I made this quilt for one of my son's old friends who recently had twins. For the first time, I named a quilt: The Circle of life. Not that I've done many quilts! This is my third. I designed this myself. The center is from the scene where the giraffes were tossing the baby Simba and Nala in the air like a trampoline. I continued the African theme in the background and border of the quilt by using two examples of African textiles, Kente and Adinkra cloth. Kente cloth is hand woven on horizontal wooden looms, It is woven in strips about four inches wide. These strips are then sewn together to make the larger pieces that men, women and children traditionally wear wrapped around their bodies. Kente cloth was developed in the 17th century by the Ashanti people. Legend tells of two friends who went hunting one day. They stopped and spent two days watching a spider weave her web. They took what they learned from the spider and developed the first handwoven Kente cloth. There are hundreds of Kente patterns, each representing some facet of the history, philosophy, ethics, oral literature, religious belief, social values and political thought of the Akan people of Africa. It is characterized by bright multi-colored geometric designs. Originally, only royalty could wear Kente cloth, and it was reserved for special social and sacred functions. It is still worn by royalty and other leaders at important ceremonies. Although available to non-royalty today, it is still associated with social prestige, nobility and a sense of cultural sophistication. Today Kente cloth is hand woven by the Asante people of Ghana and the Ewe people of Ghana and Togo.
The background of the quilt is called Obaakofo Mmu Man and is based on the proverb Obakofo mmu oman. The literal translation is “one person does not rule a nation” and is a symbol of marital relationships, unity, participatory democracy, a warning against dictatorial rule, and an endorsement of plurality of ideas. This traditional kente cloth pattern is also known as Fathia Fata Nkrumah (Fathia Deserves Nkrumah). It commemorated the marriage between Kwame Nkrumah, the first Prime Minister and President of contemporary Ghana, and Fathia, the daughter of President Nassar of Egypt. Kwame Nkrumah sought to promote continental African unity and married Fathia as a gesture of his desire to unite the Arab North Africa and the black sub-Saharan Africa. When Nkrumah’s government was overthrown by the military in 1966, the cloth’s name was changed back to its original name, Obaakofo Mmu Man, as a metaphorical comment on Nkrumah’s dictatorial rule.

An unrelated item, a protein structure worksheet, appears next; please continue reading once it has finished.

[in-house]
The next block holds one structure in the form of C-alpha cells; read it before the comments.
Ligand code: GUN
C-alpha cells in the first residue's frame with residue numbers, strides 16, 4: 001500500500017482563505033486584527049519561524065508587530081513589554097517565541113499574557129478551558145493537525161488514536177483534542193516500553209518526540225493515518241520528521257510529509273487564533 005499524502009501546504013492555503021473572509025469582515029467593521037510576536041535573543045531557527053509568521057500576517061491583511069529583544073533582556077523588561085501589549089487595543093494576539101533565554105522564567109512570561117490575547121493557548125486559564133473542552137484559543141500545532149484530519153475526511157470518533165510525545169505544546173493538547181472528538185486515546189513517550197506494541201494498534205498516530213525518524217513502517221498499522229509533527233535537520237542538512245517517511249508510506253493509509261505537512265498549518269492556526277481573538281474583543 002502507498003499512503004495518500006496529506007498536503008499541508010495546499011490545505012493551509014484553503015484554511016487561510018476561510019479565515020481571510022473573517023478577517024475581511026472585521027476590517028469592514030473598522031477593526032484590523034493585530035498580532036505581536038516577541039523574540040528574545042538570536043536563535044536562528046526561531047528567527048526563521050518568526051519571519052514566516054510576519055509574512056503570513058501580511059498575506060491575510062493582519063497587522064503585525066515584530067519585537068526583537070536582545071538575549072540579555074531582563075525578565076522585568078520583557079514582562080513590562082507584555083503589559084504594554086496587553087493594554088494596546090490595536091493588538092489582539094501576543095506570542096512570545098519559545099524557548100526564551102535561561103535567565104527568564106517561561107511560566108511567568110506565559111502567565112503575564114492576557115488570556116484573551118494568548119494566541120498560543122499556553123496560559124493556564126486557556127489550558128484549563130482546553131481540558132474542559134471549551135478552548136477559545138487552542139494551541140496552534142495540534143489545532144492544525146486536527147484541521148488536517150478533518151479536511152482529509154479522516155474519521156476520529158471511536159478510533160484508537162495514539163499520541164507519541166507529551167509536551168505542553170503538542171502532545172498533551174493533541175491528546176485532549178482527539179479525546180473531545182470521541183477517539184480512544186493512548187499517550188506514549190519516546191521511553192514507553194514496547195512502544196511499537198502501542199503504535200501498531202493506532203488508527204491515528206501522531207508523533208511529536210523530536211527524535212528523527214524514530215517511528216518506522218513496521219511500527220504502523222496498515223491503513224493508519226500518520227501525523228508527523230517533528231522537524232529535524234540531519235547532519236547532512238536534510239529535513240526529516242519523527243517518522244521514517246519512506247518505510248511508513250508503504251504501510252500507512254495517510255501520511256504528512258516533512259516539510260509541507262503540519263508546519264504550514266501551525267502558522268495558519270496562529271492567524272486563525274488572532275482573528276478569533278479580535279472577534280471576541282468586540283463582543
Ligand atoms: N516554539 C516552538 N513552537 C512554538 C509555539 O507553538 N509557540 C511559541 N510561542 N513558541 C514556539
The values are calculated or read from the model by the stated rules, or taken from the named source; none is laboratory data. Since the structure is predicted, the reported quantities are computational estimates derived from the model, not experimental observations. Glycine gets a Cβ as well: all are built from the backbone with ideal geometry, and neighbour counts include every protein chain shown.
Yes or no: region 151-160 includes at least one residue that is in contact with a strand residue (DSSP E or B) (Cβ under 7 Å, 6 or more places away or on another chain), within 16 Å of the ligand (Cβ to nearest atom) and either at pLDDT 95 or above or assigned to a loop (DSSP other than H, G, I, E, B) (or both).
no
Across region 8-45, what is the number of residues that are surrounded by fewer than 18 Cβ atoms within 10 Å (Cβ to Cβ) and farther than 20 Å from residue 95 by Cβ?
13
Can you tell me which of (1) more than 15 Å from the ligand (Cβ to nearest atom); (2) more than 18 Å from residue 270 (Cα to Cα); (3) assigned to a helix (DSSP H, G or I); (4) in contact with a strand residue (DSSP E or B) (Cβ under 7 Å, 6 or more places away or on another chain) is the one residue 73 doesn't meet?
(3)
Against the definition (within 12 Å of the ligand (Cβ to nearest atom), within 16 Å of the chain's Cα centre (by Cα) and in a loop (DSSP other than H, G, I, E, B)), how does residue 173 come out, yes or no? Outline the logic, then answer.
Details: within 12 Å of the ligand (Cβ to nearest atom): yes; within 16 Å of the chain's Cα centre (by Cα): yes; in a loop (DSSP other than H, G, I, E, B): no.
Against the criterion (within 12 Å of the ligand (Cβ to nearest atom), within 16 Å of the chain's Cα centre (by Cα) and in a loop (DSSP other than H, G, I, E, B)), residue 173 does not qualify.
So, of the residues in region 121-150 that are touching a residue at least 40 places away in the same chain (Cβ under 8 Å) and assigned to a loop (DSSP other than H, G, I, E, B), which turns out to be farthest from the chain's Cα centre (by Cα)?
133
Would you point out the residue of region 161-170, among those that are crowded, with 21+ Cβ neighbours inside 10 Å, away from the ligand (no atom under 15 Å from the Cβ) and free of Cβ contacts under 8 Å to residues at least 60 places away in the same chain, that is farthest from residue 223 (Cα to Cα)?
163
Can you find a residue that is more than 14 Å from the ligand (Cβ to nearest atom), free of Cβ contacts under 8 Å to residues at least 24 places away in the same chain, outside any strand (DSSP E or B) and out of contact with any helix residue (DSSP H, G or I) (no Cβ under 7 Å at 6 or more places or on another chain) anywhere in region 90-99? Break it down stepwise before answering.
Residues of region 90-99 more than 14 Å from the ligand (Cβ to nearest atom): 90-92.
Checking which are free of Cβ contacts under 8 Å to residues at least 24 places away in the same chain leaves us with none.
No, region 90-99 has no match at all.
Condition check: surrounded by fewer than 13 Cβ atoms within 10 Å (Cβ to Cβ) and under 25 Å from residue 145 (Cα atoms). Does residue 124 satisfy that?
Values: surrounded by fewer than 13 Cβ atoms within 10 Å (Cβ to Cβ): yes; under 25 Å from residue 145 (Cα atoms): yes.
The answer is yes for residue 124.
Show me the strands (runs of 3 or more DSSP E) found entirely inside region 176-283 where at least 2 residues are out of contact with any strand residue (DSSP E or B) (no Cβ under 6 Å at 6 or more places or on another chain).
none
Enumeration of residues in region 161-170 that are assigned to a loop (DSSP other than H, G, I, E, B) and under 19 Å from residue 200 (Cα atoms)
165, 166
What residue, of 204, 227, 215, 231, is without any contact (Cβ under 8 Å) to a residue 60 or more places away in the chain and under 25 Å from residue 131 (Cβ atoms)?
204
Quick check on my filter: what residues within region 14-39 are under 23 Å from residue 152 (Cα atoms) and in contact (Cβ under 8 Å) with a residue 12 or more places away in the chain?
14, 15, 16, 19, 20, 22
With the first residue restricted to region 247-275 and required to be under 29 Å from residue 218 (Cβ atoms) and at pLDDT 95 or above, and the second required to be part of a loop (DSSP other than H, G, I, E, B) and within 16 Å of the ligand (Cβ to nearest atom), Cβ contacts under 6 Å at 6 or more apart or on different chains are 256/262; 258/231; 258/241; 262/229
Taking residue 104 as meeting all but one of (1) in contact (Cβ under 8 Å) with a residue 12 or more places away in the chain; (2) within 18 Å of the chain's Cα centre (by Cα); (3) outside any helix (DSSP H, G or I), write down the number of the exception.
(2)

The circle of concentric diamonds, I believe, is a version of Nanka Tire which means puff adder’s head. It is a symbol of exploitation, and being overburdened with work. It comes from the proverb Meso annini mentumi a, wose menkofa nanka tire mmo kahyire. Translated, this means, “I cannot even carry the python, yet you are asking me to use the puff adder's head as the carrying pad.”
The striped border is based on the Kente pattern called Babadua after the babadua tree that is used for building fences and thatch roof frames as well as barricades. It is a symbol of strength, toughness, resiliency, power and superiority. The use of this motif at the edge of Kente cloth was a technical innovation in Akan weaving that strengthened the cloth and prevented unraveling or fraying.
Traditionally used as mourning apparel, Adinkra cloth is created when printers mark the cloth with stamps made of softened calabash into which one of the Adinkra symbols has been carved. Each symbol represents a proverb, belief, or philosophy. The four corners of the quilt have symbols used on Adinkra cloth.
The symbol in the upper left is the adinkra symbol for knowledge, life-long education, and continued quest for knowledge. It is called “Nea Onnim No Sua A, Ohu,” meaning “one who does not know can know from learning.” It came from the Akan maxim “Nea onnim sua a, ohu; nea odwen se onim dodo no, se ogyae sua a, ketewa no koraa a onim no firi ne nsa.” The literal translation is, “one who does not know can become knowledgeable from learning; one who thinks one knows and ceases to continue to learn will stagnate.” The Akan people believe that if one ceases to quest for knowledge, one stagnates and then dies.
The symbol in the upper right corner is called Akoko Baatan which means “mother hen.” It comes from two proverbs: Akoko baatan tia ne ba so a, onku no and Akoko baatan na onim dea ne mma bedi.**The first proverb translates to, “When the hen steps on the feet of her chicken, she does not mean to kill them.” That is, parental admonition is not intended to harm the child, but to correct the child. The second proverb translates to, “The good mother knows what her children will eat.” *A good mother does not only feed her children food alone, she also feeds them with love, affection, warmth, tenderness and care. I set this symbol in a background of another Kente cloth motif of the same name and symbolism.
The symbol in the lower left is called Asase Ye Duru. It means “the earth has weight.” It is based on two proverbs: Asase ye duru sen epo and Tumi nyina ne asase. The first means, “The earth is heavier than the sea,” and the second means “All power emanates from the earth.” This symbol represents the importance of the Earth in sustaining life.
The last symbol in the bottom right is called Eban, meaning “fence.” The home to the Akan is a special place. A home which has a fence around it is considered to be an ideal residence. The fence symbolically separates and secures the family from the outside. Because of the security and the protection that a fence affords, the symbol is also associated with the security and safety one finds in love of the family.
I hope you enjoy looking at this quilt and that I didn't bore you to badly with the historical background of the designs used in the quilt! It was an adventure!